US6143590 *Jan 11, 1999Nov 7, 2000Fujitsu LimitedMulti-chip semiconductor device and method of producing the same
US6150724 *Mar 2, 1998Nov 21, 2000Motorola, Inc.Multi-chip semiconductor device and method for making the device by using multiple flip chip interfaces
US6251707 *Apr 11, 2000Jun 26, 2001International Business Machines CorporationElectrically connecting semiconductor chip to wiring surfaceusing pattern
US6287949 *Sep 1, 1998Sep 11, 2001Fujitsu LimitedMulti-chip semiconductor chip module
US6297551 *Sep 22, 1999Oct 2, 2001Agere Systems Guardian Corp.Integrated circuit packages with improved EMI characteristics
US6396712 *Feb 12, 1998May 28, 2002Rose Research, L.L.C.Method and apparatus for coupling circuit components
Referenced by
Citing PatentFiling datePublication dateApplicantTitle
US6800931 *Jan 18, 2002Oct 5, 2004Nec CorporationHeat-dissipating device of a semiconductor device and fabrication method for same
US6949826 *Oct 16, 2003Sep 27, 2005Advanced Semiconductor Engineering, Inc.High density semiconductor package
US7061103 *Jan 5, 2004Jun 13, 2006Industrial Technology Research InstituteChip package structure
US7071012 *Aug 21, 2003Jul 4, 2006Micron Technology, Inc.Methods relating to the reconstruction of semiconductor wafers for wafer-level processing
US7138706 *Jun 24, 2003Nov 21, 2006Matsushita Electric Industrial Co., Ltd.Semiconductor device and method for manufacturing the same
US7183133Jan 28, 2004Feb 27, 2007Micron Technology, Inc.Microelectronic devices with improved heat dissipation and methods for cooling microelectronic devices
US7190074Aug 2, 2005Mar 13, 2007Micron Technology, Inc.Reconstructed semiconductor wafers including alignment droplets contacting alignment vias
US7230329 *Feb 6, 2004Jun 12, 2007Seiko Epson CorporationSemiconductor device, electronic device, electronic equipment, method of manufacturing semiconductor device, and method of manufacturing electronic device
US7425462Jun 7, 2006Sep 16, 2008Micron Technology, Inc.Methods relating to the reconstruction of semiconductor wafers for wafer-level processing
US7573006Aug 2, 2005Aug 11, 2009Micron Technology, Inc.Apparatus relating to the reconstruction of semiconductor wafers for wafer-level processing
US7820459Aug 28, 2008Oct 26, 2010Micron Technology, Inc.Methods relating to the reconstruction of semiconductor wafers for wafer level processing including forming of alignment protrusion and removal of alignment material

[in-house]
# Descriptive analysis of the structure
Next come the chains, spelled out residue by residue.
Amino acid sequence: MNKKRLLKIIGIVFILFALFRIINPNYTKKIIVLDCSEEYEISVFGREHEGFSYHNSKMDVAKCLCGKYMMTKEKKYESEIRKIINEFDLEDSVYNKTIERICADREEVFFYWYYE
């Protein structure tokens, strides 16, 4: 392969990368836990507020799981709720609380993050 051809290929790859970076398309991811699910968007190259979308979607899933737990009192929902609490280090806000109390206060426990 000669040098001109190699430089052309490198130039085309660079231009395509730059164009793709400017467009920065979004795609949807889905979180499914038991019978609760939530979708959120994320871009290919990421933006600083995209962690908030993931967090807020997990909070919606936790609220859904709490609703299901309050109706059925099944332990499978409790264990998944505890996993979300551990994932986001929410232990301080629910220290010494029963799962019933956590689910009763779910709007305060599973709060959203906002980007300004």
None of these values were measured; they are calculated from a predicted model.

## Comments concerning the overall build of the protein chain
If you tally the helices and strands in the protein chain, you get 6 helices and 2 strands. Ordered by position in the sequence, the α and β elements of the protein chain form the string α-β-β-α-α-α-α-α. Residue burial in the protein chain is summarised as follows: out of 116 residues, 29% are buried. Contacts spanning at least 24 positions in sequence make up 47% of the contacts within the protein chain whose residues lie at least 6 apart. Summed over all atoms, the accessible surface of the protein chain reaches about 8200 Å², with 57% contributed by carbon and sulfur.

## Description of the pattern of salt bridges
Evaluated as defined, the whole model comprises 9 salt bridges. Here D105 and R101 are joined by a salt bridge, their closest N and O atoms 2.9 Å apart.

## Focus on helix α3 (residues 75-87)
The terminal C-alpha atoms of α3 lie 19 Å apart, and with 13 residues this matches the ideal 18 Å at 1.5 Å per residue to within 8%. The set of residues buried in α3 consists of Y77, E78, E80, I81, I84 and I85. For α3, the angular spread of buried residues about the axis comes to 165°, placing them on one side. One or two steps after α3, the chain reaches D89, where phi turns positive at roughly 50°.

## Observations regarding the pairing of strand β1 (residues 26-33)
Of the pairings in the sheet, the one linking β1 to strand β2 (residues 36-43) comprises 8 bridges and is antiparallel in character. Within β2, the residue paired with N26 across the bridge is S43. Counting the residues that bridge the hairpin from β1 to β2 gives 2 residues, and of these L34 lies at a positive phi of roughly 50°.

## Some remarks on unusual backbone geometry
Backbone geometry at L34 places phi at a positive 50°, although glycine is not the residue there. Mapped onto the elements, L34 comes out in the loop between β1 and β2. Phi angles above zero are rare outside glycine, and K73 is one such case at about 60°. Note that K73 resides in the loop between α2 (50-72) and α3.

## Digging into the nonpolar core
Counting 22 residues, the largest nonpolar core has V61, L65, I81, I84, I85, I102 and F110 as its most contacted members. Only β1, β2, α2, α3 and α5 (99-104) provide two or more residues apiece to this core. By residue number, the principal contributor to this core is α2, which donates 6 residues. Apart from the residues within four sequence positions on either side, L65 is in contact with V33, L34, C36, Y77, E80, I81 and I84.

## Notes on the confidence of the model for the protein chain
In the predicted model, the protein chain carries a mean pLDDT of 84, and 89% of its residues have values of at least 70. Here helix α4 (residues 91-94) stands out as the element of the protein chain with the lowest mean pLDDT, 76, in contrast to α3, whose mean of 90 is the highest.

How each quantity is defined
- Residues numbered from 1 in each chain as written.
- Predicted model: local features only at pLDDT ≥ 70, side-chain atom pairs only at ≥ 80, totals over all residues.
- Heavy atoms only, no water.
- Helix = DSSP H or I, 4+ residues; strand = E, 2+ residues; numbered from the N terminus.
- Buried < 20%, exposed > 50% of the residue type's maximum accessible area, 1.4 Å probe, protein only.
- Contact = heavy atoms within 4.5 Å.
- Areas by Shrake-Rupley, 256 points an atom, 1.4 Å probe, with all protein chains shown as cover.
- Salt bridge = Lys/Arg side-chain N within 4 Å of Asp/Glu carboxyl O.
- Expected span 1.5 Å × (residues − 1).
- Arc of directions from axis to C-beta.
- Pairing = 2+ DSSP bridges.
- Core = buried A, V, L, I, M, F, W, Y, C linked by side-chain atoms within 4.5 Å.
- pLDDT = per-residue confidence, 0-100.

US8273607Jun 18, 2010Sep 25, 2012Stats Chippac Ltd.Integrated circuit packaging system with encapsulation and underfill and method of manufacture thereof
US8291966Dec 8, 2006Oct 23, 2012Micron Technology, Inc.Microelectronic devices with improved heat dissipation and methods for cooling microelectronic devices
US8299590Mar 5, 2008Oct 30, 2012Xilinx, Inc.Semiconductor assembly having reduced thermal spreading resistance and methods of making same
US8592254Sep 12, 2012Nov 26, 2013Micron Technology, Inc.Microelectronic devices with improved heat dissipation and methods for cooling microelectronic devices
US8618654 *Jul 15, 2011Dec 31, 2013Marvell World Trade Ltd.Structures embedded within core material and methods of manufacturing thereof
US8685797Aug 28, 2012Apr 1, 2014Stats Chippac Ltd.Integrated circuit packaging system with encapsulation and underfill and method of manufacture thereof
US20130074339 *Sep 28, 2011Mar 28, 2013International Business Machines CorporationOvermolded Dual In-Line Memory Module Cooling Structure
Legal Events
DateCodeEventDescription
Feb 28, 2011FPAYFee payment
Year of fee payment: 8
Feb 20, 2007FPAYFee payment
Year of fee payment: 4
Sep 4, 2001ASAssignment
Owner name: SILICONWARE PRECISION INDUSTRIES CO., LTD., TAIWAN
Free format text: CORRECTIVE ASSIGNMENT TO CORRECT THE ASSIGNEE S ADDRESS, PREVIOUSLY RECORDED AT REEL 011813 FRAME 0514;ASSIGNORS:PU, HAN-PING;WANG, YO-PO;LIN, CEASAR;REEL/FRAME:012135/0659
Effective date: 20010321
Owner name: SILICONWARE PRECISION INDUSTRIES CO., LTD. NO. 123
Free format text: CORRECTIVE ASSIGNMENT TO CORRECT THE ASSIGNEE S ADDRESS, PREVIOUSLY RECORDED AT REEL 011813 FRAME 0514.;ASSIGNORS:PU, HAN-PING /AR;REEL/FRAME:012135/0659
May 11, 2001ASAssignment
Owner name: SILICONWARE PRECISION INDUSTRIES CO., LTD., TAIWAN
Free format text: ASSIGNMENT OF ASSIGNORS INTEREST;ASSIGNORS:PU, HAN-PING;WANG, YU-PO;LIN, CAESAR;REEL/FRAME:011813/0514
Effective date: 20010321
Owner name: SILICONWARE PRECISION INDUSTRIES CO., LTD. NO. 123
Free format text: ASSIGNMENT OF ASSIGNORS INTEREST;ASSIGNORS:PU, HAN-PING /AR;REEL/FRAME:011813/0514